In June 1989, two men were admitted to a Kalamazoo, Michigan, hospital with B virus (Herpesvirus simiae) infection. Both men worked at an animal research facility with rhesus (Macaca mulatta) and cynomolgus (Macaca fascicularis) monkeys.
Patient 1, a 23-year-old, had worked at the facility for 2 years. Since April, he had sustained monkey bites to hands and arms, and one bite to the chest wall. On June 10, pain and numbness developed on the right side of his back and then spread locally. Over the next 2 days, dysesthesia developed in the lower limbs, along with generalized weakness, dizziness, difficulty in swallowing, and copious oral secretions.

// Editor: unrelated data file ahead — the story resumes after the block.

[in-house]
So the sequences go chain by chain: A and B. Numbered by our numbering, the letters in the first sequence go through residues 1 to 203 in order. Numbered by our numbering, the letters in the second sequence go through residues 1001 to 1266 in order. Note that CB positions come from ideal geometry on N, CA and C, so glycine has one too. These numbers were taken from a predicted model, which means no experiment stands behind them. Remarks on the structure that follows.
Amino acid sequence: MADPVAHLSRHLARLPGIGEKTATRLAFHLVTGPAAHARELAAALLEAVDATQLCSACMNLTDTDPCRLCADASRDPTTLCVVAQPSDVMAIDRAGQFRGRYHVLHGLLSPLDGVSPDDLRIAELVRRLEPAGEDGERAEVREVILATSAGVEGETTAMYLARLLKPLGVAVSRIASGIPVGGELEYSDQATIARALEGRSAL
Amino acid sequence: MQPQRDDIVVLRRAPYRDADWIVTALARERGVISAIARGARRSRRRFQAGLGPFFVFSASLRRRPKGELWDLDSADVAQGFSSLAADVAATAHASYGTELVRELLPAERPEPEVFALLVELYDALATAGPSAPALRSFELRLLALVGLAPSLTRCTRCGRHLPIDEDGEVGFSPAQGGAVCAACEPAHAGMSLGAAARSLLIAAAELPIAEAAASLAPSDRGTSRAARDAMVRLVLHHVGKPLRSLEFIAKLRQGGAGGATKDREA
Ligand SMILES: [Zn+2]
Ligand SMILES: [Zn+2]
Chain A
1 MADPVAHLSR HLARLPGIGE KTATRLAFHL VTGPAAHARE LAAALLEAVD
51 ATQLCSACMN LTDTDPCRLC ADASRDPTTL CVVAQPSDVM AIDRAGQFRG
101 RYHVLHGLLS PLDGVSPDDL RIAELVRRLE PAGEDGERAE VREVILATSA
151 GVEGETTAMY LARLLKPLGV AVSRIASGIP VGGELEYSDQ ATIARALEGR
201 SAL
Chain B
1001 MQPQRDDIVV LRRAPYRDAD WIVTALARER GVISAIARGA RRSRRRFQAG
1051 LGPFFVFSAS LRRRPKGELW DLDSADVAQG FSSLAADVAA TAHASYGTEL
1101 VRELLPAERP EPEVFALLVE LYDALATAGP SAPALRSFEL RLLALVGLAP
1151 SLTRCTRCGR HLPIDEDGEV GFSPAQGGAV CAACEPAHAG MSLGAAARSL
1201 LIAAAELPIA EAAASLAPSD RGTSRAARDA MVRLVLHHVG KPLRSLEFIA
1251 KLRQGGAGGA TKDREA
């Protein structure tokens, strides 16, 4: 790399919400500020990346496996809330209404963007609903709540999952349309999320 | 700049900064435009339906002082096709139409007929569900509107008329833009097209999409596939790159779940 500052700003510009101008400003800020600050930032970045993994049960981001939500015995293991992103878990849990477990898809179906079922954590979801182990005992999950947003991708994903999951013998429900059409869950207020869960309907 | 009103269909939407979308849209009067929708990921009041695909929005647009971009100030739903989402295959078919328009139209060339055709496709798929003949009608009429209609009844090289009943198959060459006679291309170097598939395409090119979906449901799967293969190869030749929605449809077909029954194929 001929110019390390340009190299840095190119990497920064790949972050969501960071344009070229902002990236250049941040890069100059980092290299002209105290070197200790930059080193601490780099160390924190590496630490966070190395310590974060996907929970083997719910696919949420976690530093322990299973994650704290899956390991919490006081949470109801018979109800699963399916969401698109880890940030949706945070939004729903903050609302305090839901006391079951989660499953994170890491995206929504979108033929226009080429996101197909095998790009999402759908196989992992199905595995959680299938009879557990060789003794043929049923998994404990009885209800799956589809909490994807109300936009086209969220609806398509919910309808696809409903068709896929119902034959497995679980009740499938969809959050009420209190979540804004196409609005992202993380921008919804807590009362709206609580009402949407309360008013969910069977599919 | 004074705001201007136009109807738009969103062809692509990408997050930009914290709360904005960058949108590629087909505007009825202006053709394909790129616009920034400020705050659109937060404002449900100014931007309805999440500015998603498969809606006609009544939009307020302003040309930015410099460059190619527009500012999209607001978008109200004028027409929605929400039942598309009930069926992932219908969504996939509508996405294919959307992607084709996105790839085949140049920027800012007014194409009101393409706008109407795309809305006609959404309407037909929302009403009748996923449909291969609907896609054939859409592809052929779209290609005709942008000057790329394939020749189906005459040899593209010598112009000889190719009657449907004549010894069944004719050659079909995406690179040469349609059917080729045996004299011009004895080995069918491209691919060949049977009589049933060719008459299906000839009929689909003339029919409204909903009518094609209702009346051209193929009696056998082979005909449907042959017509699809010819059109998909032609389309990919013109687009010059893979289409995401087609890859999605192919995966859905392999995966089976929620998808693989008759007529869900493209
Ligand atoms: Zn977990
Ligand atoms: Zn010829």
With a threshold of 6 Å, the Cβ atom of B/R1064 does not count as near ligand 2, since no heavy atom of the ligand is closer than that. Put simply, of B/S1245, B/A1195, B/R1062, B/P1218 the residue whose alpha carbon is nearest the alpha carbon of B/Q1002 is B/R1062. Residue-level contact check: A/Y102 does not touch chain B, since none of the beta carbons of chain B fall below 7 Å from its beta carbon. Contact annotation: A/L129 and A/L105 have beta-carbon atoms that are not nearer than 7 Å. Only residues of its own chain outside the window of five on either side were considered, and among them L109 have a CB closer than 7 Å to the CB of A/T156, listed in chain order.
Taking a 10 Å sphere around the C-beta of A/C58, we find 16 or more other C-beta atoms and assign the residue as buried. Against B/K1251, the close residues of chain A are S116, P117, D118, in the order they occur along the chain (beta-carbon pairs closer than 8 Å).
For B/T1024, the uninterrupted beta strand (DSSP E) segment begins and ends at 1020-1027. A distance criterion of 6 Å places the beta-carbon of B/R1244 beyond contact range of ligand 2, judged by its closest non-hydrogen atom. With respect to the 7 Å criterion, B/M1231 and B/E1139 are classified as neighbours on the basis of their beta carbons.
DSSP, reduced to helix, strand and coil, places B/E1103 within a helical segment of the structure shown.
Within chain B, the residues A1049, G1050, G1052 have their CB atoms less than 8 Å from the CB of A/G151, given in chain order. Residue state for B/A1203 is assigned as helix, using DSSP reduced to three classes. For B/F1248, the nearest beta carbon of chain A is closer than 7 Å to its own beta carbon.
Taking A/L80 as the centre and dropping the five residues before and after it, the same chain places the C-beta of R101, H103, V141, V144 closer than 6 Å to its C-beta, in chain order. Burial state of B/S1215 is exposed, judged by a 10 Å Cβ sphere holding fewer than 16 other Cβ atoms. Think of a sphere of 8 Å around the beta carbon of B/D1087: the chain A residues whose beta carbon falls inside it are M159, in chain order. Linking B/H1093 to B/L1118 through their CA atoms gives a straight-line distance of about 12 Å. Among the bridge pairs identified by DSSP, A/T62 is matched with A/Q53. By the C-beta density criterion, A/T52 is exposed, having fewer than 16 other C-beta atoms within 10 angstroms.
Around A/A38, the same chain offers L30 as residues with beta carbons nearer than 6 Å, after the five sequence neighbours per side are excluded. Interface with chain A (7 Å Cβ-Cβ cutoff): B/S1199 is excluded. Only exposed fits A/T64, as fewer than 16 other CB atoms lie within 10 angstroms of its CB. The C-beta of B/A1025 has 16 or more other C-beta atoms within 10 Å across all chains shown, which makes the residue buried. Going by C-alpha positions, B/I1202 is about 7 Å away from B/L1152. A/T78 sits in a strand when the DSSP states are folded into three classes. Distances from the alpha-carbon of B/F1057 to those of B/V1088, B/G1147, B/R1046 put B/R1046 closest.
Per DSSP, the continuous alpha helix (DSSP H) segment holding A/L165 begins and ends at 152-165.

On June 13, the patient collapsed and had a respiratory arrest. Examination at the hospital revealed bilateral conjunctivitis, depressed gag reflex, right-sided weakness, and small vesicular lesions on the right side of his chest; his cerebrospinal fluid (CSF) had a neutrophilic pleocytosis and an
B Virus Infections in Humans—Michigan. Arch Dermatol. 1989;125(9):1183. doi:10.1001/archderm.1989.01670210021003